Writing is a funny thing. Often, there’s no way of knowing who reads the material you’re putting out in the world-wide-web. I can’t tell you how many times I’ve spoken with someone and they’ve referenced a certain piece I’ve written, or simply mentioned they read my posts. Way more than those of you who “like” or comment. Ahem.
It’s through blogging that I got reacquainted with a family friend, George. He’s a few years older than me, and we didn’t know one another all that well. Actually, he’s a cousin of a much closer friend. You know how these small town things go. But George reads my articles. He messages me from time to time with thoughts he has about what I’ve written. We’ve had many friendly exchanges. No, it’s more than that. George was one of my dad’s good friends in his final years of life. They took care of neighboring farms in rural Missouri and I knew George hung out with my dad, way more than I did, since I lived ten hours away from home at that point.
He probably doesn’t know it, but George gives me a great gift when he reads my articles. It’s almost like a piece of my dad is reading along with him. If you live with grief, you know how precious these connections to your loved ones can be when you come across them. I wrote a piece about my grandpa a few months back, and George read that one. He sent me a message that included a story. With his permission, I share it with you:
This weekend, a friend had brought some younger kids out to play, and one of them picked up a large blue glass ball and nearly bounced it on the floor! I got them stopped in the nick of time, and I had nearly forgotten about this "lost treasure.” There is a very interesting story that goes along with it. Your Grandpa Haynes bought it in Coos Bay Oregon in either ’54 or ’56, when he and your grandma had taken the kids on vacation one year [It’s the only family vacation I remember my dad talking about from his childhood-they saw the giant Redwoods in the same trip]. The ball has some Japanese markings on it and it was used to float fishing nets in the ocean. Apparently at some point, it broke loose and floated all the way across the ocean and washed up on the beach, where it wound up in a seaside tourist trap, and consequently made its way to Sampsel Township [my old stomping grounds].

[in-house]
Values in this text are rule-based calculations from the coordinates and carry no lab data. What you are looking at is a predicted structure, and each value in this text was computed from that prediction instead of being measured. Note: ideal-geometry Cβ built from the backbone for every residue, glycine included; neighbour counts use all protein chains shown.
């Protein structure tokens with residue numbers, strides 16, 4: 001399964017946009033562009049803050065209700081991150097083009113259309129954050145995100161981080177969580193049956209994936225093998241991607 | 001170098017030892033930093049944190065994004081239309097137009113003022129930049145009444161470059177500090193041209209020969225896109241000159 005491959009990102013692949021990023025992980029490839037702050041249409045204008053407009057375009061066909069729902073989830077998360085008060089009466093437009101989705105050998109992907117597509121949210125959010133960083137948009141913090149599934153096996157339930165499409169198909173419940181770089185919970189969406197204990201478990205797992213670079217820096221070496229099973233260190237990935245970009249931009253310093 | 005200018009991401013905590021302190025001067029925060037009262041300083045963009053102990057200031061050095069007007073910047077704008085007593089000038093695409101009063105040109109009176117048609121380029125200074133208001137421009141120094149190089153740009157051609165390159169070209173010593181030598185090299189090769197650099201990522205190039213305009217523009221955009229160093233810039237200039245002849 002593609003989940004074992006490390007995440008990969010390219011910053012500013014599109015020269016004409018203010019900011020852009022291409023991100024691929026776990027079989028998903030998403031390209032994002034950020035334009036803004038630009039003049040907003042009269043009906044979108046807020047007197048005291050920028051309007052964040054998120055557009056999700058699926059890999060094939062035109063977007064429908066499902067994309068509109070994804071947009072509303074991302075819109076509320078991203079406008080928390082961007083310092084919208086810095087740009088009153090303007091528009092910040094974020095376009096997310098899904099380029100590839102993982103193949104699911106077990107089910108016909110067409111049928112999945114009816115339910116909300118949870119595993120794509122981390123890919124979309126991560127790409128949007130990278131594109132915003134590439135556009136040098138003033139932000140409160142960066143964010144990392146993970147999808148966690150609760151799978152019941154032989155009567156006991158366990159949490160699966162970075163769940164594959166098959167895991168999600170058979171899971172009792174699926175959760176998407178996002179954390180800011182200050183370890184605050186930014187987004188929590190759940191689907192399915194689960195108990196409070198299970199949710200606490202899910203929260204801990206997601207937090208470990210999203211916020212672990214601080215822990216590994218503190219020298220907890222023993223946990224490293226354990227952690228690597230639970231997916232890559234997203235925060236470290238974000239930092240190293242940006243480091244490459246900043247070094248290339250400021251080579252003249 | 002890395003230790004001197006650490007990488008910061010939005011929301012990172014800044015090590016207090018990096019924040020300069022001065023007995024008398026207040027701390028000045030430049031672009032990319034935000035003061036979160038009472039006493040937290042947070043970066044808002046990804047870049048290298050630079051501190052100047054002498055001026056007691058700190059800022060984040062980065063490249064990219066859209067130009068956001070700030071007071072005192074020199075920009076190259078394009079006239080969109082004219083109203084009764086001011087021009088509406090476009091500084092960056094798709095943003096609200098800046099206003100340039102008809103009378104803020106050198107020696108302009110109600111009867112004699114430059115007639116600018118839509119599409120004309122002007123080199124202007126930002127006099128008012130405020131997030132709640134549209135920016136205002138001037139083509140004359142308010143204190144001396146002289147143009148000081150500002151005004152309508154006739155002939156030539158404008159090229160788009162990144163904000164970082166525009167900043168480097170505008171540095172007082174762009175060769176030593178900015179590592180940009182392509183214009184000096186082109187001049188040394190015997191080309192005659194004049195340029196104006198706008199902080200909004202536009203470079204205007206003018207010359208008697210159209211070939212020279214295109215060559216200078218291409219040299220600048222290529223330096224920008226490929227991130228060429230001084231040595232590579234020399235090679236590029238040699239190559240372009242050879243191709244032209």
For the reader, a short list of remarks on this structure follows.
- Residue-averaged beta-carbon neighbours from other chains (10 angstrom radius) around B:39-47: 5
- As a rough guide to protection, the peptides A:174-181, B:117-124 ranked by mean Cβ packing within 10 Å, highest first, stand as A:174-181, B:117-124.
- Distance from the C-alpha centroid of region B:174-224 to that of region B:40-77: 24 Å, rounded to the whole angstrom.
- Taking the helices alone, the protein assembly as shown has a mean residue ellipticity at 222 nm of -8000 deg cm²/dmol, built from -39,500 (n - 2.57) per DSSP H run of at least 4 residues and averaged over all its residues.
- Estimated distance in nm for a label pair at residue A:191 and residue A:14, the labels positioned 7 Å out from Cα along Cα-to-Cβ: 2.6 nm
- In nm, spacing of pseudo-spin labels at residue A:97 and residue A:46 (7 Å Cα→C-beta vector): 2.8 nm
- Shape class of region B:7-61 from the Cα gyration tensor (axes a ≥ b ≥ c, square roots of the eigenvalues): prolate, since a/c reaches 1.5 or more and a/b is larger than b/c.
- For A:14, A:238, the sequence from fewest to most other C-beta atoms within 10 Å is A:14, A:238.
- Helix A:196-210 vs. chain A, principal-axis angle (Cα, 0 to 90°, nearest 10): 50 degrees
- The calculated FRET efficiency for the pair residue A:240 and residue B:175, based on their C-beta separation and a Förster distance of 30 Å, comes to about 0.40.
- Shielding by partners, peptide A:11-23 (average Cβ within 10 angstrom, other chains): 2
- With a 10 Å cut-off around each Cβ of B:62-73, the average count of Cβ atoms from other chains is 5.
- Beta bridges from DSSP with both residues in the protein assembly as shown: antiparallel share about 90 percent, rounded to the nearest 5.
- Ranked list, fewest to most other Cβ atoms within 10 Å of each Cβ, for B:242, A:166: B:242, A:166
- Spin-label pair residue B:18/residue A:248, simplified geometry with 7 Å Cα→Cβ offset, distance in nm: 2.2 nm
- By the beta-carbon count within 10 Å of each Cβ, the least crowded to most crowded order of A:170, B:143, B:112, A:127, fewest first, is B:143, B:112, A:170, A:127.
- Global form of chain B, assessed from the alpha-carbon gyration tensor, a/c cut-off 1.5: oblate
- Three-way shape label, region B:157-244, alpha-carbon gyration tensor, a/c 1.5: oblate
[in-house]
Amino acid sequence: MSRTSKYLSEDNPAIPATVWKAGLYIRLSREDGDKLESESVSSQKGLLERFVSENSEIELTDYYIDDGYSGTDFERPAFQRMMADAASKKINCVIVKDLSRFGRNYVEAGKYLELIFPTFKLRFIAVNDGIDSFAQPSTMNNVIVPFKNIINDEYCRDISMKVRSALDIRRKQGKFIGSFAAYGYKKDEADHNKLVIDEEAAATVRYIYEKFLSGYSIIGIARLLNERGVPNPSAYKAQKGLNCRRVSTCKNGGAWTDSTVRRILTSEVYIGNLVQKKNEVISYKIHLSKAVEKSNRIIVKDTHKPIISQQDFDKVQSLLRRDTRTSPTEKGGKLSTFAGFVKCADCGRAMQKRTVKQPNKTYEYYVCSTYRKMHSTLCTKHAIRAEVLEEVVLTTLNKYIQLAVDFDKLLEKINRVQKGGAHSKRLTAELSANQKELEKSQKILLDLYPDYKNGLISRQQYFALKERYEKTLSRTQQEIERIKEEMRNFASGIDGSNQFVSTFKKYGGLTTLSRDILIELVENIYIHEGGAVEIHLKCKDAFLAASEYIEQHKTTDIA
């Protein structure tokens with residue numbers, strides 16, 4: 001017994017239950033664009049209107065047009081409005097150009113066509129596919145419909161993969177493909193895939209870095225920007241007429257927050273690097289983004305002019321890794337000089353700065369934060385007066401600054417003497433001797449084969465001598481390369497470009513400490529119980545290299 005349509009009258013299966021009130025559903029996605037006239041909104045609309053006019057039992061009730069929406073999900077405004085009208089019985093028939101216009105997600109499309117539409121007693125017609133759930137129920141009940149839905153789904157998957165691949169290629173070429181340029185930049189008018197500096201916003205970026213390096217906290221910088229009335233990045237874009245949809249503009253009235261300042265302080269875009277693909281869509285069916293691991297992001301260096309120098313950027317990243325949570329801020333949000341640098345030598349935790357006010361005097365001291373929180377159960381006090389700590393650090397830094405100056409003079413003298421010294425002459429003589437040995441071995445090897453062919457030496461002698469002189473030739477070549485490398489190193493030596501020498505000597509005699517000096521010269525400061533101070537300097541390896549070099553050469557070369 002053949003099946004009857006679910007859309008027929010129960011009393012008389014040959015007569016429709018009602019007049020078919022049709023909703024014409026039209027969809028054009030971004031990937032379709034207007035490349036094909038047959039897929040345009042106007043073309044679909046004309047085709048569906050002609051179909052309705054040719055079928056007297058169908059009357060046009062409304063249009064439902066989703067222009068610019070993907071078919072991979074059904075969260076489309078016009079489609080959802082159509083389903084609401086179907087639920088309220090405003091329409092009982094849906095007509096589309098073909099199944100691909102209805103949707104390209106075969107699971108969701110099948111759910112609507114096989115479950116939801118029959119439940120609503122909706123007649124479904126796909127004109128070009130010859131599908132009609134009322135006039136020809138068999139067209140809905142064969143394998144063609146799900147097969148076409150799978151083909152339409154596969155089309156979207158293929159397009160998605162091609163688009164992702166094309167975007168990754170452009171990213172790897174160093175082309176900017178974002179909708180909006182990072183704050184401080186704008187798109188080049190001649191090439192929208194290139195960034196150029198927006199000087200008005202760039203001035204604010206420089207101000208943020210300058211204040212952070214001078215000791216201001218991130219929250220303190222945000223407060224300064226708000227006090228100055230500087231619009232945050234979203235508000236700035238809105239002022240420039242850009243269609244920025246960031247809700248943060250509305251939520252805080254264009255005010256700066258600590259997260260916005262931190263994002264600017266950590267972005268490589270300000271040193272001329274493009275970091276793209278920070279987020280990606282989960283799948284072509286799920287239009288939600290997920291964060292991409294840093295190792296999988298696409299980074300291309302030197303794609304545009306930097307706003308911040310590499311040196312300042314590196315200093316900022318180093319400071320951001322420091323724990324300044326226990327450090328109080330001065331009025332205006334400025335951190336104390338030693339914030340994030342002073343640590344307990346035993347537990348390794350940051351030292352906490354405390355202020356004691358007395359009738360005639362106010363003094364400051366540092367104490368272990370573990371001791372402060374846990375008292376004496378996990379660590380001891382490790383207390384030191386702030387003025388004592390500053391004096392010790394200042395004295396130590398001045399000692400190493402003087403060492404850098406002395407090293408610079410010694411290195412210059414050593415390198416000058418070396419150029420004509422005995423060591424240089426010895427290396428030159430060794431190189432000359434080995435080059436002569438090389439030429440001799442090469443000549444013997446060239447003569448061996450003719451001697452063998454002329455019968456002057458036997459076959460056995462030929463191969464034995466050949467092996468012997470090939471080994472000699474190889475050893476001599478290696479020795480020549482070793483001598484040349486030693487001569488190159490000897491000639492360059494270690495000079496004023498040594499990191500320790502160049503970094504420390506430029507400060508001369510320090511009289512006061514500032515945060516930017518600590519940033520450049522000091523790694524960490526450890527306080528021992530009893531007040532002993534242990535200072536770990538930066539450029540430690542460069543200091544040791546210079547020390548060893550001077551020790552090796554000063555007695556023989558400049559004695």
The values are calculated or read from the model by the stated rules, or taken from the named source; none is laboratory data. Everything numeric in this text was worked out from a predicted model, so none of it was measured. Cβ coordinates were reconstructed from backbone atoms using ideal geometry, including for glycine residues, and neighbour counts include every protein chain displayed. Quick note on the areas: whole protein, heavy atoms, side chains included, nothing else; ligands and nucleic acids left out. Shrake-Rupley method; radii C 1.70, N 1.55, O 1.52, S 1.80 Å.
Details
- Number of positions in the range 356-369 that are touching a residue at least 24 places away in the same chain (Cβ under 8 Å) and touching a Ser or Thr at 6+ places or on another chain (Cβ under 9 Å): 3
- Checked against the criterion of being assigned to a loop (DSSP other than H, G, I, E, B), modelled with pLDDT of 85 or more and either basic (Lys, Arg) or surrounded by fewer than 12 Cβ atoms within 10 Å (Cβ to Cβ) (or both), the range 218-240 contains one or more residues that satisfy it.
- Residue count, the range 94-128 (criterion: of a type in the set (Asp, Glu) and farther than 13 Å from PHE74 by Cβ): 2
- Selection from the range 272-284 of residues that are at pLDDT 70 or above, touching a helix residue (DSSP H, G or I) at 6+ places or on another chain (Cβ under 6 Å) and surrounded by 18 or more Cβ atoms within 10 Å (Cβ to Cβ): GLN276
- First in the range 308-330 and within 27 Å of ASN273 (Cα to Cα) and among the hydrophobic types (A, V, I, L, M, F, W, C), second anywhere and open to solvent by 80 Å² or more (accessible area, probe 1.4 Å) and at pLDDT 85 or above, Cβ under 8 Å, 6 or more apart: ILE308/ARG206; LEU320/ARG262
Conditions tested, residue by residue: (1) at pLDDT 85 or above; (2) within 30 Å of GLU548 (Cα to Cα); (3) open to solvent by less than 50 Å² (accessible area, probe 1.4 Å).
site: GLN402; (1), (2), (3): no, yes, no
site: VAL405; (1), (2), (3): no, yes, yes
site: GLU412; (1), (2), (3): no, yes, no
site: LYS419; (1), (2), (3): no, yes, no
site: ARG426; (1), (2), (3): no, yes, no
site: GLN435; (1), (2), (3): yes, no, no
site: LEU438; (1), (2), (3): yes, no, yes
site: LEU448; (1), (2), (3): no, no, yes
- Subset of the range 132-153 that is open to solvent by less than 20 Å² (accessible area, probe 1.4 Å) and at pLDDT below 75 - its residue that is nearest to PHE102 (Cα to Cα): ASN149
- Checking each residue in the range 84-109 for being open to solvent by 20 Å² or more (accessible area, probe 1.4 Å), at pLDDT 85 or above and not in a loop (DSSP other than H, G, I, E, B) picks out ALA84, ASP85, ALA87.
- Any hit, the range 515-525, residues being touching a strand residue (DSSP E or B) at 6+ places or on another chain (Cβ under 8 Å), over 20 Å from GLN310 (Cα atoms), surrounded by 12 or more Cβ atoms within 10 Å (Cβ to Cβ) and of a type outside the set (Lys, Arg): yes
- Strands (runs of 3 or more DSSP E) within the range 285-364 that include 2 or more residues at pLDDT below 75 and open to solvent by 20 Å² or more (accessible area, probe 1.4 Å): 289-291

I was absolutely fascinated by the story, and I eventually talked your dad out of it, with the promise that I would never forget the story, and someday I would make certain it found its way back to a Haynes. That has been a LONG time ago! I want to box it up and send it to you-if you want it. I think it's nothing short of amazing it has made it halfway around the world, and then 60-some years without being broken in the rough and tumble world.
For some reason I thought it important to hold on to it, and now I think it's important someone else tell the story, and wonder about all the travels of this mysterious blue ball. I thought it would be nice for your daughter to have and know the stories of its travels. If you send me your address, I will stick it in a box and you can put it under the tree for Christmas or whatever you'd like. It just seemed this story had come full circle, and it is time for someone else to tell it and enjoy the souvenir. I was not even sure if you had heard the story or remember the ball? At any rate it belongs with you guys, but I did enjoy it! P.S. Your Dad couldn't remember the year-I didn't forget! That's the way the story came to me.
I received this heavy blue glass ball in the mail last month. I don’t remember it all that well, but Mom recognized it when I showed her. We'll proudly display it in the office of our home. It’s a treasure, and a connection to my dad, which George offered to me. He figures it traveled at least 7,000 miles to make its way to Michigan. I’m grateful the ball found its way home.